On Wednesday, October 16 in Nairobi, a new precedent was set for youth training and employment. The findings from reports by the Aga Khan University (AKU), the African Population and Health Research Center (APHRC), and Dalberg, were launched in a Synthesis Report that consolidated evidence from three studies on youth capabilities for work and life.
The presented studies, conducted over one year, consulted with nearly 13,000 youth aged 15-30 years, in 41 counties in Kenya. Throughout the day, the revelation emerged for the need to implement innovative strategies; as various professionals, academia, and youth shared their knowledge.
Mudit Sharma, from Dalberg, recommended curriculum development in technical and vocational education training institutions (TVET) by facilitating transitions from training to employment for youth. Dr. Alex Awiti, presented the AKU East Africa Institute study on the gap between skills possessed by youth entering the workface, and the demands of the job market. From APHRC, Dr. Moses Ngware concluded integrating whole youth development into teaching practices is needed.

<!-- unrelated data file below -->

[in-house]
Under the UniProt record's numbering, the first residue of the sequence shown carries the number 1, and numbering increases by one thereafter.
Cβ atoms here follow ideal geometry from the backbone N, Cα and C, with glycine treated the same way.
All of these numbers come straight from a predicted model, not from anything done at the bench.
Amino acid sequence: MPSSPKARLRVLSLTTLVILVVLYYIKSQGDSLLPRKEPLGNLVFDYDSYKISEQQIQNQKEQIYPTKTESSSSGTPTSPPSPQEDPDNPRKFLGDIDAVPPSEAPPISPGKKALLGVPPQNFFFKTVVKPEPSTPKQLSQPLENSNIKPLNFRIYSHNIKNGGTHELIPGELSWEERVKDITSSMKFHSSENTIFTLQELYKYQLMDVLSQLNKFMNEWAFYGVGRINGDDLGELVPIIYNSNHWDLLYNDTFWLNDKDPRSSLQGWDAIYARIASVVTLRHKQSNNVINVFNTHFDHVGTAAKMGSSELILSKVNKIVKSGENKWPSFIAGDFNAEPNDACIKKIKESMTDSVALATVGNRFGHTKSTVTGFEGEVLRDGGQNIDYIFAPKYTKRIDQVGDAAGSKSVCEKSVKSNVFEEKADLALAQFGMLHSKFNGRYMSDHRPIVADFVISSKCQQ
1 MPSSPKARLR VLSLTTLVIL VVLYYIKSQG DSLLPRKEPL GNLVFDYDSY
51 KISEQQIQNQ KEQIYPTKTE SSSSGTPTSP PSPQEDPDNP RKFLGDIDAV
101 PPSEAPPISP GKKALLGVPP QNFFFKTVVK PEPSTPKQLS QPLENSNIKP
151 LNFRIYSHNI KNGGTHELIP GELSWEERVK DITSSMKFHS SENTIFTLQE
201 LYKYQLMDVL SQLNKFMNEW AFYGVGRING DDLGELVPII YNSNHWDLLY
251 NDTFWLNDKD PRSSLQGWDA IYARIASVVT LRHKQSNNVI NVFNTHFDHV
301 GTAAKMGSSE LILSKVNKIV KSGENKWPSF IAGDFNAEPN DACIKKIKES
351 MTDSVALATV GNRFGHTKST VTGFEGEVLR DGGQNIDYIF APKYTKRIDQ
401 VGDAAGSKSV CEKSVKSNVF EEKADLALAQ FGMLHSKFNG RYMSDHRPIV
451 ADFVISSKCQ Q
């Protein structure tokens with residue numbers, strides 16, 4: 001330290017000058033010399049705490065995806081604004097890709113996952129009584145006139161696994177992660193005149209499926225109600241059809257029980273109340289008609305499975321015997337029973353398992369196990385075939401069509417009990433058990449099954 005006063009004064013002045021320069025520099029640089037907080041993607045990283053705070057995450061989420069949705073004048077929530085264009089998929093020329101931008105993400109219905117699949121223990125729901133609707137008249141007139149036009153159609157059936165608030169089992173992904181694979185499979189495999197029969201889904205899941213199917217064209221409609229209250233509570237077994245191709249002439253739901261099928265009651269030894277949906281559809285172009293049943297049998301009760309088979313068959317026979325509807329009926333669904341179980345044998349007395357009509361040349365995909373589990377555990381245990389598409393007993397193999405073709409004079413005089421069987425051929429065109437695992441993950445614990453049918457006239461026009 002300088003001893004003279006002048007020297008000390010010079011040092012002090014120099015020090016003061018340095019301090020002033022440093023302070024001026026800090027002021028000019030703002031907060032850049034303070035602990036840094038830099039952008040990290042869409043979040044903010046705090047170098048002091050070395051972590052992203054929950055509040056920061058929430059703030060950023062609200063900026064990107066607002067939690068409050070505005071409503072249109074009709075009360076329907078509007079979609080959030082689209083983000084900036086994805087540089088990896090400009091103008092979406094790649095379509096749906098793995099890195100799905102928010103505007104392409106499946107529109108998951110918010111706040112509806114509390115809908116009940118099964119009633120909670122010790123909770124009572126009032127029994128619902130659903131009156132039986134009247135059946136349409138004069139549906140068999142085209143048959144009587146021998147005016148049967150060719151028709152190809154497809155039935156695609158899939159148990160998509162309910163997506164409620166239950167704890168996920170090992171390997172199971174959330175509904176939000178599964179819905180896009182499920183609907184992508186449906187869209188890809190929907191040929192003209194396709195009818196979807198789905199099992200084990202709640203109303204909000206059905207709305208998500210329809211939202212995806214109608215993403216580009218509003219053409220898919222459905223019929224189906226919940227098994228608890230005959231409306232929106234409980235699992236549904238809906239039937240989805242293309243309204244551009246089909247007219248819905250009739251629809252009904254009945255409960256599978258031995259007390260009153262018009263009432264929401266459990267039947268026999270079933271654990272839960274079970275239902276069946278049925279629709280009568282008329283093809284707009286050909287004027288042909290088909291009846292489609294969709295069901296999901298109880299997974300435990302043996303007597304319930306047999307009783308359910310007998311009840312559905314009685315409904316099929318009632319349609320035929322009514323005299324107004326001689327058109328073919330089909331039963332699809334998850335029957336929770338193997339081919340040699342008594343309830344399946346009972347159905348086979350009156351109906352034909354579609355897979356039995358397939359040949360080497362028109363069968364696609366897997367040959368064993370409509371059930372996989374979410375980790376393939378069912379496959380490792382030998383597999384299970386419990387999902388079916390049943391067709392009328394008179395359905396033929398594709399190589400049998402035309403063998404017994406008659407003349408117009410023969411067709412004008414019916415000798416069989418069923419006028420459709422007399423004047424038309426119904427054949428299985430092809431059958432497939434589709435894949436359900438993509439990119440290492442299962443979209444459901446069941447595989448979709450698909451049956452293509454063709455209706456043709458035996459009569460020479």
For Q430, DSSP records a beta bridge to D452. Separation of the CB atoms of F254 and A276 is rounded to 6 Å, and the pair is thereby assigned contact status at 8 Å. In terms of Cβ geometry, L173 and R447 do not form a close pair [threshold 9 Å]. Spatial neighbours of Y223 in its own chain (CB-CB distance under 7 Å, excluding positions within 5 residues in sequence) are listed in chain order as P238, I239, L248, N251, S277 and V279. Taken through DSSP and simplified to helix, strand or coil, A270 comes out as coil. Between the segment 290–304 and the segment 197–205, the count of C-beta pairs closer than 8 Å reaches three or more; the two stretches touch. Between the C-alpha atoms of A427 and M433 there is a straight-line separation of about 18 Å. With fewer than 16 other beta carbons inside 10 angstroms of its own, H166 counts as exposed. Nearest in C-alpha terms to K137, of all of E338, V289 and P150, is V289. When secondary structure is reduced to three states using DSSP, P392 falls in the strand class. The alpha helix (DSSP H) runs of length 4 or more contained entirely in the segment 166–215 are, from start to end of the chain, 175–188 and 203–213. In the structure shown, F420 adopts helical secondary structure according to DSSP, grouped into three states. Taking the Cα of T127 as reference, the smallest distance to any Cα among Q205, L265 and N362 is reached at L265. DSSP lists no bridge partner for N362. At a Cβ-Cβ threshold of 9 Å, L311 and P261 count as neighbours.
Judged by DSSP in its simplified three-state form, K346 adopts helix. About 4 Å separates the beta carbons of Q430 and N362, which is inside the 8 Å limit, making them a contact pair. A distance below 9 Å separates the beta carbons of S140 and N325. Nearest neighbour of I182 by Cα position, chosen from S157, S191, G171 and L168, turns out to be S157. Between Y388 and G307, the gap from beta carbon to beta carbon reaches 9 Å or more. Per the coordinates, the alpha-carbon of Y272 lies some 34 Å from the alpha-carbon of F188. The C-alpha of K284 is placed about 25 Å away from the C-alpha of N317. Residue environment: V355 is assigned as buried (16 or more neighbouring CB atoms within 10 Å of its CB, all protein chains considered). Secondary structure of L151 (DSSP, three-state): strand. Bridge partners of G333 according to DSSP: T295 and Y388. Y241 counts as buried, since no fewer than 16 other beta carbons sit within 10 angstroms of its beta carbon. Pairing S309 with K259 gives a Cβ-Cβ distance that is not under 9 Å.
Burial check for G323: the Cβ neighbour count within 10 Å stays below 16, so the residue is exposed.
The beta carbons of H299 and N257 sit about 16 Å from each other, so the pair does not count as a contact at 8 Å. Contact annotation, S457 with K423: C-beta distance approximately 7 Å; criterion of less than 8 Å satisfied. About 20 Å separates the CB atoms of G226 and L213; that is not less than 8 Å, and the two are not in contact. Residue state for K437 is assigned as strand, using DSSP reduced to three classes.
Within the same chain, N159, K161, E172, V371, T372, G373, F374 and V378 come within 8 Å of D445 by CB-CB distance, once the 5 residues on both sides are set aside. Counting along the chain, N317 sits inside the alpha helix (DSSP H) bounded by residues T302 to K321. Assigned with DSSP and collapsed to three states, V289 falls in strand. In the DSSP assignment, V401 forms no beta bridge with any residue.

Dr. James Ciera, reviewing the Synthesis Report, indicated disadvantaged populations in employment accessibility are female youth, youth from poor families, and youth living in arid areas – highlighting the need for affirmative action policies. The Synthesis Report noted that 46% of youth have not received the information they need from TVET. Considering the study findings on the importance of life and social-emotional competencies in job recruiting, TVET programs must adequately equip youth with holistic skills required to succeed. There were also calls for improvement the quality of teaching and review of the TVET institution.
Youth passionately spoke about their challenges in the job market. Youth Representative, Nancy Wangome, and a representative of the informal traders, Mr. Samuel Mburu, shared stories of the youth they mentor and/or employ that cope with structural issues deriving from lack of job creation, start-up capital, and underemployment. Youth panellist, Aisha Njoki, recollected her personal adversities in finding industrial attachments, and securing employment that utilized her formal education.
The youth believed job market information is inadequate; perpetuated by biases of poorly trained professionals and families. Professor Ahmed Ferei, echoing the sentiments of the panellists, discussed family as a key driver in youth decision making, thus, becoming a major influence on their future aspiration. Educating the community, especially parents, about the current job market and role of TVETs was recommended, as well as further research into the future of work, job aspirations, and the role of the informal sector in training.